Humayun Tomb: Taj's Masculine Equivalent

Tripoto
1st Feb 2014

Panormic View

Photo of Humayun Tomb: Taj's Masculine Equivalent by Gunjan Upreti

Isa Khan Tomb

Photo of Humayun Tomb: Taj's Masculine Equivalent by Gunjan Upreti

View of Isa Khan Tomb from Humayun's Tomb

Photo of Humayun Tomb: Taj's Masculine Equivalent by Gunjan Upreti

The beautiful ceiling

Photo of Humayun Tomb: Taj's Masculine Equivalent by Gunjan Upreti

The fountain near Humayun's Tomb

Photo of Humayun Tomb: Taj's Masculine Equivalent by Gunjan Upreti

Humanyun's Tomb

Photo of Humayun Tomb: Taj's Masculine Equivalent by Gunjan Upreti

Humayun's Tomb

Photo of Humayun Tomb: Taj's Masculine Equivalent by Gunjan Upreti

Patterned Window

Photo of Humayun Tomb: Taj's Masculine Equivalent by Gunjan Upreti

Not many of you would know, but The Humayun Tomb is a mausoleum that inspired the Taj Mahal. The Tomb is a stroke of genius and is the first of the grand dynastic mausoleums that the Mughals built. A pioneer structure to use sandstone and marble in great quantities and popularize the Persian paradise garden format. Parrots, parakeets, eagles and sparrows in dozens swing around the tomb, singing all at once, in a sweet symphony. A golden sunset on the verge as I discovered this Mughal masterpiece. 

Red sandstone minarets and grand white onion-shaped dome have dominated south Delhi’s leafy skyline for centuries. The story goes that the construction of Humayun’s Tomb was commissioned by his widow, Hamida Banu Begum 14 years after he died. Almost a hundred years later, Humayun’s great-grandson, Shah Jahan used the Delhi tomb as an inspiration to build the grand marbled Taj Mahal in Agra, in memory of his wife.

As the sun streams in through the patterned windows, the whole structure lights ups and intricate rainbow ceiling smiles down upon on. Zigzag patterns in red run in from all directions under the dome and it adds drama and grandeur to the already stunning space. Other places around the tomb, which can be explored are Hazrat Nizamuddin Auliya Dargah and Tomb and mosque of Isa Khan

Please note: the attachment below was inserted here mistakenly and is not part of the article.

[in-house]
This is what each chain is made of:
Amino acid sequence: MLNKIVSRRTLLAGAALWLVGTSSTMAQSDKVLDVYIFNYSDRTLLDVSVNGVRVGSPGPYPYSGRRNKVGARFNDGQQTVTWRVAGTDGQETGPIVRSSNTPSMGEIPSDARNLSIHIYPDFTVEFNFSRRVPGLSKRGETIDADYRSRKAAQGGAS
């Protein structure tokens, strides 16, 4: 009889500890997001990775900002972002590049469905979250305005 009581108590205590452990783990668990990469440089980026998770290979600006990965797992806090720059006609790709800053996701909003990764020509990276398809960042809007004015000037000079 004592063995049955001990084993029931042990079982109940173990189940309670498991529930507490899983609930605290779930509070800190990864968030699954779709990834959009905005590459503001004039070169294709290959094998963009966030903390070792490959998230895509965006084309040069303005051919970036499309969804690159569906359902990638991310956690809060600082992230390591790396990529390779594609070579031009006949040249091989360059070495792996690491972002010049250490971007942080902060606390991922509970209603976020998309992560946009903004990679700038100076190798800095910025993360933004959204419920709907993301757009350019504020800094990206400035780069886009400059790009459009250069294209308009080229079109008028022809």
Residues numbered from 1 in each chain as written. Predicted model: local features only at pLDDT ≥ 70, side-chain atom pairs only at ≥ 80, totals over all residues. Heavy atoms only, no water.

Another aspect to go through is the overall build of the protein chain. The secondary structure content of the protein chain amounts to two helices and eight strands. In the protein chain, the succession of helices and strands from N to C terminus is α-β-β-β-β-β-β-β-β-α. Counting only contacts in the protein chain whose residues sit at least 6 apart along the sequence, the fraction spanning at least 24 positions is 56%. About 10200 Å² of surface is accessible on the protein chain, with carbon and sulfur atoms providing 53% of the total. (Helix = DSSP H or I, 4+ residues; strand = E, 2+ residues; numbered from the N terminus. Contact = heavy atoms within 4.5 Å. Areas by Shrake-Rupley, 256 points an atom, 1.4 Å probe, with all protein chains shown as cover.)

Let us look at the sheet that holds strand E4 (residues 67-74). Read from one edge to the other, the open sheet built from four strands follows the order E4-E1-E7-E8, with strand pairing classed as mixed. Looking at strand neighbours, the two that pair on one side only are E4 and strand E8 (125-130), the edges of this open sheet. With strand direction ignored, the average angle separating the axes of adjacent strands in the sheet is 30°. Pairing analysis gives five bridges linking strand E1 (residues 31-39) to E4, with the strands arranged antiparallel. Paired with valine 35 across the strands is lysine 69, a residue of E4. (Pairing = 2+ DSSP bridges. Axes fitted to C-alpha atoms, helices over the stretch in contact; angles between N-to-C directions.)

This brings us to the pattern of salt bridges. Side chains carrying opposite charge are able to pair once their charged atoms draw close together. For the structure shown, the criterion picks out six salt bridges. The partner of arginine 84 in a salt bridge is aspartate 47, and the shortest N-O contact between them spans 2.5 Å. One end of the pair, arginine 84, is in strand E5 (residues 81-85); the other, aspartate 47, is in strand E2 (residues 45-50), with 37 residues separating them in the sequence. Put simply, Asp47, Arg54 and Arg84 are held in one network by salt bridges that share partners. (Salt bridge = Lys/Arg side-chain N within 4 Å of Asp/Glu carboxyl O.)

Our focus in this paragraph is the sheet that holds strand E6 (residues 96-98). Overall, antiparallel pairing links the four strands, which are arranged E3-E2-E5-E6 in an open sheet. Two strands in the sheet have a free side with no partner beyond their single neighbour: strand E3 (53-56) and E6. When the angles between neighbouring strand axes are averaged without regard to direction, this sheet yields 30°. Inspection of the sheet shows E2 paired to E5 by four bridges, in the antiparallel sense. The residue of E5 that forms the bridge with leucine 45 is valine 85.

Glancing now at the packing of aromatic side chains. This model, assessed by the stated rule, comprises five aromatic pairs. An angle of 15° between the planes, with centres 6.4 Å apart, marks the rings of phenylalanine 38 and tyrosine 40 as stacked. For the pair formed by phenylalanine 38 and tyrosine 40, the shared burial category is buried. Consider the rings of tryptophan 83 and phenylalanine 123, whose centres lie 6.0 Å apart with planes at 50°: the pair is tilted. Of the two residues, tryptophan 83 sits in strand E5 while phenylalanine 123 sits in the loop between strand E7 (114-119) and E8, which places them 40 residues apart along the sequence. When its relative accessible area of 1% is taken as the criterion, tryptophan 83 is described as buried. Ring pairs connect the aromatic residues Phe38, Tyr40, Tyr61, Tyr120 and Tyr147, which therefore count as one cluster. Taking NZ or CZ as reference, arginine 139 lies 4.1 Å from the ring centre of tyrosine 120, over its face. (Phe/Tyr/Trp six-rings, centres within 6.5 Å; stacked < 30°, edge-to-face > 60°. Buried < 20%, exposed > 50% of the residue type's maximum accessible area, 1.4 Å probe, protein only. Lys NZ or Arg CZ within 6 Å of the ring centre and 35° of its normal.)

The burial place of more than a hundred Mughal princes, and not just Humayun, the Tomb has surfaced in every important shift in the city’s history. The last Mughal emperor Bahadur Shah Zafar was sheltering here when he was arrested by the British. In 1947, it served as a refugee camp during the Partition riots when almost all the lovely Sal wood doors in the arched recesses were burned.
Photo of Humayun's Tomb, Bharat Scouts and Guides Marg, Nizamuddin, Nizamuddin East, New Delhi, Delhi, India by Gunjan Upreti
The site of the Humayun's Tomb was chosen on the banks of Yamuna river, due to its proximity to Nizamuddin Dargah, the mausoleum of the celebrated Sufi saint of Delhi, Nizamuddin Auliya. The path is lined with brightly lit shops and scent of the flowers mingles with the smoke from agarbattis. The divinity of the Dargah can only be experienced.
Photo of Hazrat Nizamuddin Auliya Dargah, Nizamuddin, New Delhi, Delhi, India by Gunjan Upreti
The Isa Khan tomb complex is a walled area adjacent to Humayun’s Tomb and is the resting place of Isa Khan Niyazi, a noble of influence at the court of Sher Shan Suri. Because the Isa Khan tomb is located at the entrance to the Humayun’s Tomb, it can also serve as an introduction to the site for visitors.
Photo of Isa Khan's Tomb, Nizamuddin East, New Delhi, Delhi, India by Gunjan Upreti
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Manish Vats
i really like you blogs
Tue 05 19 15, 22:34 · Reply · Edit · Delete ·